The next four sections of Work in Progress cover the descendants of William Frost of Tideswell in Bakewell, Miscellaneous Bakewell Frosts, Miscellaneous Sheldons of Sheldon in Bakewell, and Miscellaneous Sheldons of Bakewell. The last three sections list names, dates and events that cannot be connected with any other Frost or Sheldon family. These lists are useful if you are looking for people who might "fit" in a genealogy line.

The most intriguing section in Work in Progress is the last, titled "A Possible Sheldon Line." Plummer draws together the many scattered records of Sheldon individuals in Bakewell Parish. He notes they fall into a number of groups based on naming patterns, religious
proclivities, associations, geographical concentrations, etc. Using a number of these possibilities he forms a very tentative pedigree for our S4 Godfrey Sheldon which links up with the well known J. Gardner Bartlett pedigree for our S-5 Isaac Sheldon!

The common progenitor of Godfrey and Isaac' Plummer suggests, is John Sheldon (abt 1495-Liv 1572) of Monyash, Bakewell, Derbyshire (Shirley Sheldon Rider shows him "of Taddington"). Bartlett designates him as No. 7 John Sheldon. John Sheldon married twice but the names of his wives have not been found. By his first wife John Sheldon had sons Roger (abt 1520-1590/1) and Richard (abt 1525-1600). By his second wife, John Sheldon had sons Henry (abt 1530-1600), Thomas (abt 1535-bef 1591) and George (abt 1540-liv 1600). Bartlett wrote that Isaac descended from the first wife of John Sheldon through her son Richard. Plummer suggests Godfrey descended from the second wife of John Sheldon through her son George.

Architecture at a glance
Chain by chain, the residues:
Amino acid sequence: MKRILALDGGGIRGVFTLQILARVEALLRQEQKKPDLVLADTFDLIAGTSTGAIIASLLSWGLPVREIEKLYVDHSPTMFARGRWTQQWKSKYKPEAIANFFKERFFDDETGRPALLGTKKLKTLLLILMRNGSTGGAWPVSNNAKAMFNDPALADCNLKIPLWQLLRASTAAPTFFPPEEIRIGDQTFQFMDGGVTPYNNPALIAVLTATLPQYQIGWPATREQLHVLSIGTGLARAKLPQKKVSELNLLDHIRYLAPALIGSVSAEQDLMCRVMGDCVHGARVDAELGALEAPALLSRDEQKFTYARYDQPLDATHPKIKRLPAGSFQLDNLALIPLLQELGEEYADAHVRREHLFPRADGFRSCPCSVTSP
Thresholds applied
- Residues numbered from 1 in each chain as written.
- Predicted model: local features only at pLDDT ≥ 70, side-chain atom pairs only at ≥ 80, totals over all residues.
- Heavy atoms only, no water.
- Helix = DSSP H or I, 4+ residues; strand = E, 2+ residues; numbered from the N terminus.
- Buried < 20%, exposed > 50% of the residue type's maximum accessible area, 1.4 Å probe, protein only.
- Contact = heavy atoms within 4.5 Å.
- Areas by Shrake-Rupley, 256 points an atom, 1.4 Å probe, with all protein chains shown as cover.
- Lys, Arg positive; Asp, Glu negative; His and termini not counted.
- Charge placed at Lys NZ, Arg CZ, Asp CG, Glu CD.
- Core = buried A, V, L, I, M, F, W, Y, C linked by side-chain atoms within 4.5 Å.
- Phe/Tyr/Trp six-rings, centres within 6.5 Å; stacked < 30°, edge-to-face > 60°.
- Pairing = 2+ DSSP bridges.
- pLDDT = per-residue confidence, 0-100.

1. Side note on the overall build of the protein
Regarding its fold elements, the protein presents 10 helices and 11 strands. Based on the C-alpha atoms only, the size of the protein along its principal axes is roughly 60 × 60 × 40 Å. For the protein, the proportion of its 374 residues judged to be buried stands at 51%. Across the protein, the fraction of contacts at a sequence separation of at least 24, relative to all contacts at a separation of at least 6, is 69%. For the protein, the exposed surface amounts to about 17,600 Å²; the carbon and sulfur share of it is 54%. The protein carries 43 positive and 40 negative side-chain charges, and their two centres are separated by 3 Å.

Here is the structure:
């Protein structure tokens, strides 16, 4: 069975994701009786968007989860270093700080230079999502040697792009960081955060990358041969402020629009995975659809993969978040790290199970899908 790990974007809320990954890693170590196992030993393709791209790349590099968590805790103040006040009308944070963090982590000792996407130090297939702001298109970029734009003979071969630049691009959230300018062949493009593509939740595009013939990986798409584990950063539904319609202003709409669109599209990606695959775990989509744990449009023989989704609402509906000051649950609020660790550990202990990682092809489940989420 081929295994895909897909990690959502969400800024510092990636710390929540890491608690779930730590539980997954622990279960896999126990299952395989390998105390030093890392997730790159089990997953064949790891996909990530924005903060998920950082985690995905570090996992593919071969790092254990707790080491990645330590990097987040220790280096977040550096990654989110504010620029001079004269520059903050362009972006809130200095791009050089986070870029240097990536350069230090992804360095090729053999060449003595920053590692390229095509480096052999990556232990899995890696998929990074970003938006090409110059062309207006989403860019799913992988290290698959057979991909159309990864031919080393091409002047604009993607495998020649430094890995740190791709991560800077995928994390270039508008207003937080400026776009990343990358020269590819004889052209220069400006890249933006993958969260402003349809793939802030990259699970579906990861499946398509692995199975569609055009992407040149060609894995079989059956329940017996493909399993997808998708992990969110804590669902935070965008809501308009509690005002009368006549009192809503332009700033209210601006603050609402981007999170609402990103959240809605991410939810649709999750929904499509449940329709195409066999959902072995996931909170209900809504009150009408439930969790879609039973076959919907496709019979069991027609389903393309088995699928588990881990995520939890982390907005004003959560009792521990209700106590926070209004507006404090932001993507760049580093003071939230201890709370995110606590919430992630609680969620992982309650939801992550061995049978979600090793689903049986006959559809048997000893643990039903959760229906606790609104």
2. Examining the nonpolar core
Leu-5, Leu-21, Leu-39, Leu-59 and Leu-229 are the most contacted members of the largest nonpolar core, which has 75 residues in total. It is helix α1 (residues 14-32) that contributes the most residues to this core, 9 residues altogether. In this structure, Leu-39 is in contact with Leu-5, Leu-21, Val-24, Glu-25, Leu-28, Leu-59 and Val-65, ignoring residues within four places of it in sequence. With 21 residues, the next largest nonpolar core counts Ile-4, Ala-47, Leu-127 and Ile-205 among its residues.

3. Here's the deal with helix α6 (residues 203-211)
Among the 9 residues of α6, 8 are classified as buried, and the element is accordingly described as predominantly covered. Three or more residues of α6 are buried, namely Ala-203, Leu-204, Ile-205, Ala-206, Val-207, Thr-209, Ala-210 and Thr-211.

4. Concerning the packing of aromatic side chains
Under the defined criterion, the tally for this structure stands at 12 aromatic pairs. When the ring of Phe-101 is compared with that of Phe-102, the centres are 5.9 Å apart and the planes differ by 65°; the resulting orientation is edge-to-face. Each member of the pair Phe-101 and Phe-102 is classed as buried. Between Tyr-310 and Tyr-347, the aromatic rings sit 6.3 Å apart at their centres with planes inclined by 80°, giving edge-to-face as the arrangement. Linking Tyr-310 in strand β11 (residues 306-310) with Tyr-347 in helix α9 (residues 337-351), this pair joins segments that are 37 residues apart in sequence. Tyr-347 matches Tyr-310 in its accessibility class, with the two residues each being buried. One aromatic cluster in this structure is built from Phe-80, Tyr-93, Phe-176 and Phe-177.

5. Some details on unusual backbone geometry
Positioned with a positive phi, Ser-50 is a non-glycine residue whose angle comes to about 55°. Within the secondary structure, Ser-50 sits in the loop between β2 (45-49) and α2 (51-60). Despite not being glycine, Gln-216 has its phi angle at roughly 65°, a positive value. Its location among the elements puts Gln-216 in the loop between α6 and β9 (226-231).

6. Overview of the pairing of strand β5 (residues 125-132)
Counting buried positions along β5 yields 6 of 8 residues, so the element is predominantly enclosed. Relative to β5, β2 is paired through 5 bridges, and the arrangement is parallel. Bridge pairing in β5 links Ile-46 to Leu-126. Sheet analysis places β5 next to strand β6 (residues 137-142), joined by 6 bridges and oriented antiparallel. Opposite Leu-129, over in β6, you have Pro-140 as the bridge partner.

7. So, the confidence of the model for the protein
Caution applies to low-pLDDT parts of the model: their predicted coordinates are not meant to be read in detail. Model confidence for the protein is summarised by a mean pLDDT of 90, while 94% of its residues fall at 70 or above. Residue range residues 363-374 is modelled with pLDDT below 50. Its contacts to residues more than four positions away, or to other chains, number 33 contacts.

Bartlett indicates S-5 Isaac Sheldon's ancestry through Ralph, Arthur, Roger, Richard, to No. 7 John Sheldon. Plummer suggests a "possible" connection with S-4 Godfrey Sheldon through William Sheldon, George Sheldon to No. 7 John Sheldon. Under this possible connection, S-5 Isaac Sheldon and S-4 Godfrey Sheldon would be half second cousins twice removed. (And at one time we believed the Sheldon progenitors were four brothers!)

Plummer has brought together a body of Sheldon information, carefully analyzed it, and, with his knowledge of history and genealogy, has proposed some relationships that were heretofore not considered. It gives us an exciting, fresh perspective. As Rose Sheldon Newton wrote: "John has unwound some previously unknown lines and I have great hope that if we work with him, the Godfrey line and what Hortense called The Isaac Question will finally be answered."

Charts by Rose Sheldon Newton show the descendants of George Frost of Sheldon, Alice Frost of Monyash and William Frost of Tideswell.


About the Author:John Plummer has a B.A. from New England College majoring in History and specializing in English History of the Tudor and Elizabethan periods. He is working on his M.A. in Early Modern European History at Columbia University specializing in the history of the English Puritans. He started genealogy research when he was 10 years old. He has worked as a free lance genealogist since graduating college in 1973. He belongs to so many historic and genealogical societies that he has lost count. He has published works on
history and genealogy in The Connecticut Nutmegger, National Genealogical Society Quarterly, The American Genealogist, The New England Historical and Genealogical Register, Descendants of the Founders of Ancient Windsor Newsletter, and numerous family association newsletters.

Work in Progress is available on the Publications Page.